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ESA records & # 39; corner & # 39; of the earth's magnetic field and it sounds weird


Scientists at the European Space Agency have recorded the "corner" of the earth's magnetic field and it seems far away.

The & # 39; music & # 39; It is produced during a solar storm as electrically charged particles from the sun's surface collide with the planet.

ESA analyzed the magnetic waves produced when this & # 39; solar wind & # 39; hits the earth and turned the results into audible frequencies to produce a strange song that may resemble the sound effects of a sci-fi movie more than a natural phenomenon.

To hear the psychedelic sound of the Earth's magnetic field, the researchers sent a group of four spaceships through their & # 39; foreshock & # 39; – the first region that the sun's particles encounter when they travel toward the earth.

"Our study reveals that solar storms profoundly change the pre-shock region," Lucile Turc, a former ESA researcher who is now based at the University of Helsinki, Finland.

In quiet moments, when there is no solar storm hitting Earth, the music is lower and less complex, with a single note dominating.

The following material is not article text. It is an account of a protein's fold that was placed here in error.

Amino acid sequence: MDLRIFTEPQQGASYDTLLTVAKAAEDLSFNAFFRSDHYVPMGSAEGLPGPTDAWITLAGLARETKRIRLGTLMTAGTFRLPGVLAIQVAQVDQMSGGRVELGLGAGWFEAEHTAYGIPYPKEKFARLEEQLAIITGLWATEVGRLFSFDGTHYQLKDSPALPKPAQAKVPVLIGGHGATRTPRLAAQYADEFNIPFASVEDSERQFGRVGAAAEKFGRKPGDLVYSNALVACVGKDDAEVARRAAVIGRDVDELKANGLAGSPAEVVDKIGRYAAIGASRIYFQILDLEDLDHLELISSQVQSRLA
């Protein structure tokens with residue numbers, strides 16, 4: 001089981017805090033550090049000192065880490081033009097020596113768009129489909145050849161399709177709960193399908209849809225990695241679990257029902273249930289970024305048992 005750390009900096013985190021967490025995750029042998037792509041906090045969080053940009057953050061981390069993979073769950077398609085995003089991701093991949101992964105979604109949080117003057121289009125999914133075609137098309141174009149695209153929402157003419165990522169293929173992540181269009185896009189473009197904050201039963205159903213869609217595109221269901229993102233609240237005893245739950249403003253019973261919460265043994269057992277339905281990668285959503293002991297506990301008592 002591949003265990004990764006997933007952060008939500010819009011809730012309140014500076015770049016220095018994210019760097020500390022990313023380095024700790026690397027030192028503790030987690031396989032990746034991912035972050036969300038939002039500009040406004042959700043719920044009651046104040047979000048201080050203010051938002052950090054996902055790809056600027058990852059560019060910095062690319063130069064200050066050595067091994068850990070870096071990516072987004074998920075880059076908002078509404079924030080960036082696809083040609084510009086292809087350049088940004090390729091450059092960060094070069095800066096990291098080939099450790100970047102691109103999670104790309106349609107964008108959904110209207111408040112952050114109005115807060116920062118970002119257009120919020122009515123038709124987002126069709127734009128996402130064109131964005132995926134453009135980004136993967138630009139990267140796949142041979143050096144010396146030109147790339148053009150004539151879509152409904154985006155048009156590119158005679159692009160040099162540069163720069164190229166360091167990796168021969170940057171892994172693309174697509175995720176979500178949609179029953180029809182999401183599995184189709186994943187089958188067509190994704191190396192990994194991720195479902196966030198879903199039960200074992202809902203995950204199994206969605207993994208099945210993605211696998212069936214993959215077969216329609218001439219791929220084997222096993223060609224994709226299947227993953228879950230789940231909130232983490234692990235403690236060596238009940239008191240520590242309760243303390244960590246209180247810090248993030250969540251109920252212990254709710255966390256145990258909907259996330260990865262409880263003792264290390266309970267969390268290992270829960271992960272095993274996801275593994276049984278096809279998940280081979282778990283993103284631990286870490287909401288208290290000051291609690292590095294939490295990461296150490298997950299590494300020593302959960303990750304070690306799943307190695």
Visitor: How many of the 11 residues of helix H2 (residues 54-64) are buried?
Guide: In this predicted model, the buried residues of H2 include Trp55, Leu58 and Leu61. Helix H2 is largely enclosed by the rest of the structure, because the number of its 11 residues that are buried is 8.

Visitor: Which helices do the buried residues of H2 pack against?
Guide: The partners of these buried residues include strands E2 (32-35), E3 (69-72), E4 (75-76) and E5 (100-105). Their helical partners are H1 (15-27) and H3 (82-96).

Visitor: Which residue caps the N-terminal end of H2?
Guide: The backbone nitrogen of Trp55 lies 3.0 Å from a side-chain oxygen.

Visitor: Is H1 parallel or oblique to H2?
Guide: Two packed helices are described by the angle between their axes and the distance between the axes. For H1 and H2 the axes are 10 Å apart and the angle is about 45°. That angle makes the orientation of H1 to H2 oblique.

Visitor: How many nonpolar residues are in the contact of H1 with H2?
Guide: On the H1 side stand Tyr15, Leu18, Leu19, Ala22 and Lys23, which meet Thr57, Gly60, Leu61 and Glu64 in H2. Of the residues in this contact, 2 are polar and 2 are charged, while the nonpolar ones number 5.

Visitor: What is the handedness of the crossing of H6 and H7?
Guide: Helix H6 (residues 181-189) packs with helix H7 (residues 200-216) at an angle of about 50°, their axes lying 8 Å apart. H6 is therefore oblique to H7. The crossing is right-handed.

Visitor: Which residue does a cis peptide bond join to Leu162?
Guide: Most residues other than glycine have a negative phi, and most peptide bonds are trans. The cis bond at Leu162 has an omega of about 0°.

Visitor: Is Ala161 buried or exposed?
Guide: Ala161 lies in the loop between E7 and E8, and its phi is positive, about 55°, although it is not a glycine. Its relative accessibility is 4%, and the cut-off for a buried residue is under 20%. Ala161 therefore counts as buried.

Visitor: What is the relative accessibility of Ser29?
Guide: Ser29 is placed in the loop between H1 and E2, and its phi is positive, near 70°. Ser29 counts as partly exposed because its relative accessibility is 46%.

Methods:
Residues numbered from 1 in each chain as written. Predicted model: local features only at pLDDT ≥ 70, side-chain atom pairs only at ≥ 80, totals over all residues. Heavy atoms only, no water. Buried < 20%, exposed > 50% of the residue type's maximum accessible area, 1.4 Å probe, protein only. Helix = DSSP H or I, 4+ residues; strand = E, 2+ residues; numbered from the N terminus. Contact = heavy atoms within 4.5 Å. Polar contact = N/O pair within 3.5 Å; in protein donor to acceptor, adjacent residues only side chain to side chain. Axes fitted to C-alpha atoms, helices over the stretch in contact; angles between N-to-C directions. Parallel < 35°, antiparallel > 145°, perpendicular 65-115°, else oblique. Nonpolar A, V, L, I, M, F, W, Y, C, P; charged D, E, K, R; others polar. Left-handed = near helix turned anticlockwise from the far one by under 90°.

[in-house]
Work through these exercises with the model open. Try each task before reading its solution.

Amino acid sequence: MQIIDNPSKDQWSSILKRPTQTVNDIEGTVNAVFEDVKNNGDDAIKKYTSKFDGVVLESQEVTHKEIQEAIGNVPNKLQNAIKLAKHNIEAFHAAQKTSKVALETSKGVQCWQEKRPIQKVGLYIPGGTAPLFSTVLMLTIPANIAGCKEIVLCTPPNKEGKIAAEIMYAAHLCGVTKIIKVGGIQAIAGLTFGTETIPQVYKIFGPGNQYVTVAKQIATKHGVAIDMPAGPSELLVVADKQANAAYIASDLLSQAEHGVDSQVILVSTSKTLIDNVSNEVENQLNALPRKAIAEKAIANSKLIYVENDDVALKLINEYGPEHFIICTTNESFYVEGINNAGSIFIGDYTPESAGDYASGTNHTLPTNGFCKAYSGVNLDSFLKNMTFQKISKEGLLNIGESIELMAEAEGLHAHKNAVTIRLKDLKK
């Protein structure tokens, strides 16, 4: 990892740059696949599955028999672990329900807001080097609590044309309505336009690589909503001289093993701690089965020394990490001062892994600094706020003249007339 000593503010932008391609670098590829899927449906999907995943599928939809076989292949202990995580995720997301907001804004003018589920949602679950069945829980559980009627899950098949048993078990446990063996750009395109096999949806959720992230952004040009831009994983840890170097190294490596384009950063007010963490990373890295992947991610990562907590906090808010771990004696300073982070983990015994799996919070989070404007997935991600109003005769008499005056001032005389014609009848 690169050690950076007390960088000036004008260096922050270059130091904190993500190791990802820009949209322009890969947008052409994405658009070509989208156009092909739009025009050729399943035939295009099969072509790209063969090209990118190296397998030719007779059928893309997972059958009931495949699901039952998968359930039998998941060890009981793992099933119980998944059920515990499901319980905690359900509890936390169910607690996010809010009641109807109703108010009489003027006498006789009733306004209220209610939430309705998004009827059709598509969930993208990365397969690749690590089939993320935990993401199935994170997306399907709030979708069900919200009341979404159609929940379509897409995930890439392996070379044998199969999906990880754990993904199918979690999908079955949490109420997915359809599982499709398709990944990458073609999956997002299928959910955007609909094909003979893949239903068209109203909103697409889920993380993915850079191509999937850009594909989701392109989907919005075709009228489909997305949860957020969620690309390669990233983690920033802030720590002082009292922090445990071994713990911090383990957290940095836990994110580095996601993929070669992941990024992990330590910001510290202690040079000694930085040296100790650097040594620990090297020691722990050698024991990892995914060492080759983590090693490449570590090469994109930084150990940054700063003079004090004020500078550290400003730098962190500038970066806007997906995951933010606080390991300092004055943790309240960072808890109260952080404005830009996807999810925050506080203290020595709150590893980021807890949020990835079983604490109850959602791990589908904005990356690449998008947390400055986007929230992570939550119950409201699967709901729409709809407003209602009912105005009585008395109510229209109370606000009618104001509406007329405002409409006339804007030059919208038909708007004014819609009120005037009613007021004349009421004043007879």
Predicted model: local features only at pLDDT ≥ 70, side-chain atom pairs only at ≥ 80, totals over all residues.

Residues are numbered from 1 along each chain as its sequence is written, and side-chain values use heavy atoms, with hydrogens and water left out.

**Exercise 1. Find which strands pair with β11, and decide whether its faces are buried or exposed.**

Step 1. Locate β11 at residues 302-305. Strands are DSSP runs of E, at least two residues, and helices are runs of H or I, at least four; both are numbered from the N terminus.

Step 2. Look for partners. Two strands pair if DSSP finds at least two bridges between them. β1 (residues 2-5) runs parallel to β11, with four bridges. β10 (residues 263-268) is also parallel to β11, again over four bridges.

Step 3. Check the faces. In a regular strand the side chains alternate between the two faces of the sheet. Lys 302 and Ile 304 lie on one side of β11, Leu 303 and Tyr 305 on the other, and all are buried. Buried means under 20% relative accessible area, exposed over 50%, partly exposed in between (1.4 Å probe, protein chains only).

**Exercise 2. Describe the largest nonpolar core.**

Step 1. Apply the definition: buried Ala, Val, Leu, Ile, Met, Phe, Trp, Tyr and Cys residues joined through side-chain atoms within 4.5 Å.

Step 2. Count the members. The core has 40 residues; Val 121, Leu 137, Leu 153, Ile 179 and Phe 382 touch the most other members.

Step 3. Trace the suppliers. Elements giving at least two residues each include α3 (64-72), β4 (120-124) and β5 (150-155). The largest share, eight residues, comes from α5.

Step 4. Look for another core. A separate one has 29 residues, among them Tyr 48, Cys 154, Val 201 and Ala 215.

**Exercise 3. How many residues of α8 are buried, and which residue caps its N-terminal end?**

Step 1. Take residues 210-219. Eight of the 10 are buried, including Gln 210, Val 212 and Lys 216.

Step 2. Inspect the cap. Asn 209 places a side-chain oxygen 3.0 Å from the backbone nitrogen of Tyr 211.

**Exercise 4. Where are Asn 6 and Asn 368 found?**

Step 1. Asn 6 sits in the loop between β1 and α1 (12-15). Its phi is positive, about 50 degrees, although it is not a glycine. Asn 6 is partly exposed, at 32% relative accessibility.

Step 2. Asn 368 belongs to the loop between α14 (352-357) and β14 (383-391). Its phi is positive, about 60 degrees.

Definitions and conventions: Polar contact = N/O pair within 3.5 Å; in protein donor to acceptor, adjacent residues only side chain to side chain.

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But when a solar storm occurs, the frequency of the wave is approximately doubled, which means it is higher.

The precise frequency of the resulting waves depends on the strength of the magnetic field involved in the storm.

"It's as if the storm is changing the foreshock setting," Lucile added.

You can listen to the music & # 39; in the video above.

ESA wrote: magn Magnetic waves were measured by ESA's Cluster mission in the above-Earth magnetic foreshock – the first region of our planet's magnetic environment that solar wind particles encounter – during calm weather conditions from space.

‘The video contains a & # 39; magnetic waves in the undisturbed foreshock, obtained by transforming the frequencies of these magnetic waves into sound signals. In the undisturbed foreshock, the sounds are very high and monotonous. & # 39;

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